Since the widespread adoption of digital visual effects during the 1990s, several filmmaking arts have essentially fallen by the wayside. The most notable for me is the demise of the matte painting – a technique used to combine a piece of live-action footage of a limited scale with a more expansive, or ornate, painted background or foreground. This was a method used to create epic vistas that otherwise couldn't be achieved without bankrupting the studio.

Anton van Beek  |  Sep 30, 2014  |  0 comments

Flicking through one of the Sunday broadsheets earlier this year I came across a piece by the paper's TV critic, taking a pop at HBO's fantasy show Game of Thrones. With my own opinion being so far opposed to that of the writer, I was actually rather intrigued by the prospect of reading what I assumed would be a thoughtful and intelligent critique of the hit show. How wrong I was.

Mark Craven  |  Sep 25, 2014  |  0 comments

While we wait patiently for the Blu-ray Disc Association to put the finishing touches to a next-generation disc standard that will bring 4K content to our living rooms (due in Summer 2015), it's often said by wizened CE journos that there's a shortage of 4K content. And this could be an issue for TV manufacturers. After all, having finally worked out how to cram a few million more pixels into an LCD screen, they're now hoping to flog them to wary punters tired of backing the wrong technological horse in the AV Stakes.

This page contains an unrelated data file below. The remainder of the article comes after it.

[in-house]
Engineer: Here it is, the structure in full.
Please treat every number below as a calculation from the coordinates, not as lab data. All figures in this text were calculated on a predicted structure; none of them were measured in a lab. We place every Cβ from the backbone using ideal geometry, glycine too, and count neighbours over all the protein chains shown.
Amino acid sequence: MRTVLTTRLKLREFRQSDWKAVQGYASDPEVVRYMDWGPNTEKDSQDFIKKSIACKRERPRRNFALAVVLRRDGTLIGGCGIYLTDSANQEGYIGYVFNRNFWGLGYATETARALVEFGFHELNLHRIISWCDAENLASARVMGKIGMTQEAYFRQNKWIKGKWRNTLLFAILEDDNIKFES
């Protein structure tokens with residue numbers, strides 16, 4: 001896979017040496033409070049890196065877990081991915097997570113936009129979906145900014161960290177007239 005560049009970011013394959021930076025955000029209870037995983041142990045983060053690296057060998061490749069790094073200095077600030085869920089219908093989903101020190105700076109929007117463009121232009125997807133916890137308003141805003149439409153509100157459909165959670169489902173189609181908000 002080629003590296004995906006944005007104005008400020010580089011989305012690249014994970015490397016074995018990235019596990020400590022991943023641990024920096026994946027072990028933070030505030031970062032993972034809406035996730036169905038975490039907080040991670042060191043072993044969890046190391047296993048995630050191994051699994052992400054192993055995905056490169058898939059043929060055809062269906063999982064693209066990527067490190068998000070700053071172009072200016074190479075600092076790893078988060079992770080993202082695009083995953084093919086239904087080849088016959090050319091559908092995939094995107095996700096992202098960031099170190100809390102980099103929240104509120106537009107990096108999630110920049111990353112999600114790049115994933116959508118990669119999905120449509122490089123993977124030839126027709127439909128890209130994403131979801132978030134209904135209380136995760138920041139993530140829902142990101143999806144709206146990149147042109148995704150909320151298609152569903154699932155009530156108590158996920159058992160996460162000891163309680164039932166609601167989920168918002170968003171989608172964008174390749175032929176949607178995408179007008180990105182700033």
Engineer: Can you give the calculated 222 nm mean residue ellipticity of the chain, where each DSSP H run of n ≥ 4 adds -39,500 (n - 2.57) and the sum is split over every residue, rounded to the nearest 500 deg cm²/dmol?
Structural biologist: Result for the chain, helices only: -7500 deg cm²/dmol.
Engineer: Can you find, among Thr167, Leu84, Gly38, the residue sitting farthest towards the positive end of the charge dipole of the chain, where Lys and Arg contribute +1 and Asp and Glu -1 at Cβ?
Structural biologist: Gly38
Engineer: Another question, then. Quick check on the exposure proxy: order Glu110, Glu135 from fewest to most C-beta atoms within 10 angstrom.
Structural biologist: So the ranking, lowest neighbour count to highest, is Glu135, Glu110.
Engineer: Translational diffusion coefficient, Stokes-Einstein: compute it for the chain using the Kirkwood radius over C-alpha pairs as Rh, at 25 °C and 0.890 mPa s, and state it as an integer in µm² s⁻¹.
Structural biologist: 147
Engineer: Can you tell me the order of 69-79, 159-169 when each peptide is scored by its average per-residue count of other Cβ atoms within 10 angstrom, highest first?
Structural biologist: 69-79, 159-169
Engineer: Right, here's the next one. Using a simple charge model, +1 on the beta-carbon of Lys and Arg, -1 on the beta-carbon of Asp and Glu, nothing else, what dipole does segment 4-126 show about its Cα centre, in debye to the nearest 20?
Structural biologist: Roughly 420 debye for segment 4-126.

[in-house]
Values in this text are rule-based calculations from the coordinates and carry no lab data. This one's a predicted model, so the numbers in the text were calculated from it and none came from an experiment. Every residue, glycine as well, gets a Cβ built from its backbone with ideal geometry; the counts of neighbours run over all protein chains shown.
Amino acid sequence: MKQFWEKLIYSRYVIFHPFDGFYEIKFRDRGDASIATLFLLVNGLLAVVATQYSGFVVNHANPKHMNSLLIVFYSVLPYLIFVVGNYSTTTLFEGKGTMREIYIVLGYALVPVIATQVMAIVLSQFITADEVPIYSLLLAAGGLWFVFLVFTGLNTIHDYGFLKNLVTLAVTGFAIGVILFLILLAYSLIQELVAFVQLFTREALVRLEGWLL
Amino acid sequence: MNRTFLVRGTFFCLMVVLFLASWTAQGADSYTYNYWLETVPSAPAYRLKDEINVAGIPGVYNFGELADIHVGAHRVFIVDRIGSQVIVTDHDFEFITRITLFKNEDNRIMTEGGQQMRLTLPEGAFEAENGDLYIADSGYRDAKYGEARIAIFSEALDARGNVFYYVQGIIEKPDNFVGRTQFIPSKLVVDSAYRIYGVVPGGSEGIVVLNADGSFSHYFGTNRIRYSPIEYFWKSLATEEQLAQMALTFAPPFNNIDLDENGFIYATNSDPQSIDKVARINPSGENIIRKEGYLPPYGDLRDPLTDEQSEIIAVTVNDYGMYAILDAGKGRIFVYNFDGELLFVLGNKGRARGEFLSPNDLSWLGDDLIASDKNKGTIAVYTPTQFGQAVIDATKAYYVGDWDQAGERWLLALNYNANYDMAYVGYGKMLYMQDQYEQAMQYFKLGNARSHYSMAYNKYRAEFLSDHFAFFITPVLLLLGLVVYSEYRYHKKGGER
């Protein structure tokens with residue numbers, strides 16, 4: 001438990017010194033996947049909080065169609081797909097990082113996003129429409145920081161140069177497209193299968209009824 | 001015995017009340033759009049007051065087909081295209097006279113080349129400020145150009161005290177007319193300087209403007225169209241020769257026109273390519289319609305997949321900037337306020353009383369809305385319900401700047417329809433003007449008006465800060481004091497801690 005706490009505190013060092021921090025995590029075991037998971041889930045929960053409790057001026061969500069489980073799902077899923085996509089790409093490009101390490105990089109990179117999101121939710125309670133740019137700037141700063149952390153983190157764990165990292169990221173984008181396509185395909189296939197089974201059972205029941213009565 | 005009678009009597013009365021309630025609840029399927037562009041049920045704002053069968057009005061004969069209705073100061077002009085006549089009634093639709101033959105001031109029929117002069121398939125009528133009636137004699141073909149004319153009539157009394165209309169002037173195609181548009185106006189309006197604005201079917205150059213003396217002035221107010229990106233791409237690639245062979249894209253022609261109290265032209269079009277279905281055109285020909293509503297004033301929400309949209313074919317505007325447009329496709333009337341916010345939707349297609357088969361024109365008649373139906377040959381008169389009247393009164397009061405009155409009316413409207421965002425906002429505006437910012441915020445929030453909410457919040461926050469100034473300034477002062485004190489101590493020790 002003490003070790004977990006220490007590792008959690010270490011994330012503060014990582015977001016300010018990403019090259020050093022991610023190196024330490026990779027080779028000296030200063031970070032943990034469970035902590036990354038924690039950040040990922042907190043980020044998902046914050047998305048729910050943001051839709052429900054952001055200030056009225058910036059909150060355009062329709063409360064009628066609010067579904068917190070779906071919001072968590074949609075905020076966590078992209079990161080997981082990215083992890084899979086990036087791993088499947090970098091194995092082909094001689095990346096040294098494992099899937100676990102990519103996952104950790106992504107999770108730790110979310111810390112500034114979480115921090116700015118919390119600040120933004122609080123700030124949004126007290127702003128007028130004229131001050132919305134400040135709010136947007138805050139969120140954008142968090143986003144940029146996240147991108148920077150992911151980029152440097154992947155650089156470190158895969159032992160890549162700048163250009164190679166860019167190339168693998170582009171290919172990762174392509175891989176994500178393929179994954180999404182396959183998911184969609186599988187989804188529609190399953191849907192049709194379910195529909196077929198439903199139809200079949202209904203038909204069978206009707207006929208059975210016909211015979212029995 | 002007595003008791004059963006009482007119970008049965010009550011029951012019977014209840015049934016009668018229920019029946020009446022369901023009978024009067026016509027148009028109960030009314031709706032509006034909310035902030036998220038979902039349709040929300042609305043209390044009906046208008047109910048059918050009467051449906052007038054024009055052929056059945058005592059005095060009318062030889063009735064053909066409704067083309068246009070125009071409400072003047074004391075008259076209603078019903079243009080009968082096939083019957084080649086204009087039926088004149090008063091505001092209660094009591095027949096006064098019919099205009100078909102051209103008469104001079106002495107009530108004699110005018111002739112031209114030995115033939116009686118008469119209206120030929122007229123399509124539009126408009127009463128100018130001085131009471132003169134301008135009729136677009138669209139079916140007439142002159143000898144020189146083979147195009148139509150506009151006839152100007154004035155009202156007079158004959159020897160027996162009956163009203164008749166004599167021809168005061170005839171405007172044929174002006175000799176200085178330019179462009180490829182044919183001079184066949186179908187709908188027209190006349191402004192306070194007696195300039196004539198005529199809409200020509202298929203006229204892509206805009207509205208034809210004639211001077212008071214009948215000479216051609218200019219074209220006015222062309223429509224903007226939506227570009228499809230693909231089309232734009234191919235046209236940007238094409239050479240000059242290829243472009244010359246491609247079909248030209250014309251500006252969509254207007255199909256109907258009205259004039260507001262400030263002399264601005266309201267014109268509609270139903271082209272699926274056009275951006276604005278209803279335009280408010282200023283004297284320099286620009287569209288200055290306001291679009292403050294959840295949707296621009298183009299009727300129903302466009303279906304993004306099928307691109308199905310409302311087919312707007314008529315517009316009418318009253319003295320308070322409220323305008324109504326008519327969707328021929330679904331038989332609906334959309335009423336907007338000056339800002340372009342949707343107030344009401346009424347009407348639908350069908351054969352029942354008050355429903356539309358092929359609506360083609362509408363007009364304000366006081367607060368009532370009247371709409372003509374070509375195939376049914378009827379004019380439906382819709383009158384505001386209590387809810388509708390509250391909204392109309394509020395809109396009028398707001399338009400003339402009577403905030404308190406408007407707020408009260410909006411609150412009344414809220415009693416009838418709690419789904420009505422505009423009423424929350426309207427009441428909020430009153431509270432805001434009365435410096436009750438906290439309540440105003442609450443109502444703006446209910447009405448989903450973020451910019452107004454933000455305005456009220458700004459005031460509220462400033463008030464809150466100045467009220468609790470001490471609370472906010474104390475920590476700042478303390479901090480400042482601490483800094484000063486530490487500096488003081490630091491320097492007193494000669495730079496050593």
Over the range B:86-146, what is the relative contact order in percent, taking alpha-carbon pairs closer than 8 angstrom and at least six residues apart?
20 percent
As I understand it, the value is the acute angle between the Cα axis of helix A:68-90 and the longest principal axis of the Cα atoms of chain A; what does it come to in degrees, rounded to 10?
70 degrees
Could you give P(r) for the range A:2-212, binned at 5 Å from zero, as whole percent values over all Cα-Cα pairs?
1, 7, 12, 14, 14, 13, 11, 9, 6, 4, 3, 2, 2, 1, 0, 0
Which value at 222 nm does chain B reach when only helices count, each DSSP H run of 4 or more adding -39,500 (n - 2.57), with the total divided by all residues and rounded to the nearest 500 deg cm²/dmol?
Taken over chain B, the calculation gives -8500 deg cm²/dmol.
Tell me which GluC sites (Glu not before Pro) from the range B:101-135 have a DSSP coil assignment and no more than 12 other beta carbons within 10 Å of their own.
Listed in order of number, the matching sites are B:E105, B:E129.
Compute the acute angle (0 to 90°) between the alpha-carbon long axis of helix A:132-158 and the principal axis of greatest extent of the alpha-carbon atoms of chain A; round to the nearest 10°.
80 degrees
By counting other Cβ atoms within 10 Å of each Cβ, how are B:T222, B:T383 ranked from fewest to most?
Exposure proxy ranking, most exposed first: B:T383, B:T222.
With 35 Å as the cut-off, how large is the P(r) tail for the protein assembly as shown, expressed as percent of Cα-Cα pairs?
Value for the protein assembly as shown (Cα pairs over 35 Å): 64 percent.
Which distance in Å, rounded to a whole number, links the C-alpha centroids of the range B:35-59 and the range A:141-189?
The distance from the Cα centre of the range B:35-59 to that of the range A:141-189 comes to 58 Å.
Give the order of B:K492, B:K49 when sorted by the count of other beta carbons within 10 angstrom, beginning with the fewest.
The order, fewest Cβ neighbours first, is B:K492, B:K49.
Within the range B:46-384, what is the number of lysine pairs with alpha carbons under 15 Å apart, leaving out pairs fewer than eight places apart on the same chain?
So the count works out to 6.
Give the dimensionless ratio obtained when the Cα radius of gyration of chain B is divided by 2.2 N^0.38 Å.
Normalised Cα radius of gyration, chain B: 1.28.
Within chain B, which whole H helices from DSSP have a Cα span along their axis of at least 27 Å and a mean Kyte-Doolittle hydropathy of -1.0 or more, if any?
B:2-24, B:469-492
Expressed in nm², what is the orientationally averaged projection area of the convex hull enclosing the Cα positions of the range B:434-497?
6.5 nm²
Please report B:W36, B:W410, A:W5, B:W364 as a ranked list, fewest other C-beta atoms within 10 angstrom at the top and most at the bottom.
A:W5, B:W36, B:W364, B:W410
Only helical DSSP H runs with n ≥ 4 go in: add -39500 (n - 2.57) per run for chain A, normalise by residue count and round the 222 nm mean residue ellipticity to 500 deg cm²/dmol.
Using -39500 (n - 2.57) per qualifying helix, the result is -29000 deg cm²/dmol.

Anton van Beek  |  Sep 15, 2014  |  0 comments

Towards the end of 2013 the Library of Congress released a new study by film historian and archivist David Pierce, exploring the survival rate of silent films made in the United States between 1912 and 1929. It made for extremely bleak reading. 

Anton van Beek  |  Sep 05, 2014  |  0 comments

The past couple of months have seen the AV industry come down with a serious case of Dolby Atmos fever. For a while it felt like every other press release that turned up in my inbox was from an AVR manufacturer, shouting about the fact that its latest models are ready for the advanced audio format.

Richard Stevenson  |  Sep 01, 2014  |  0 comments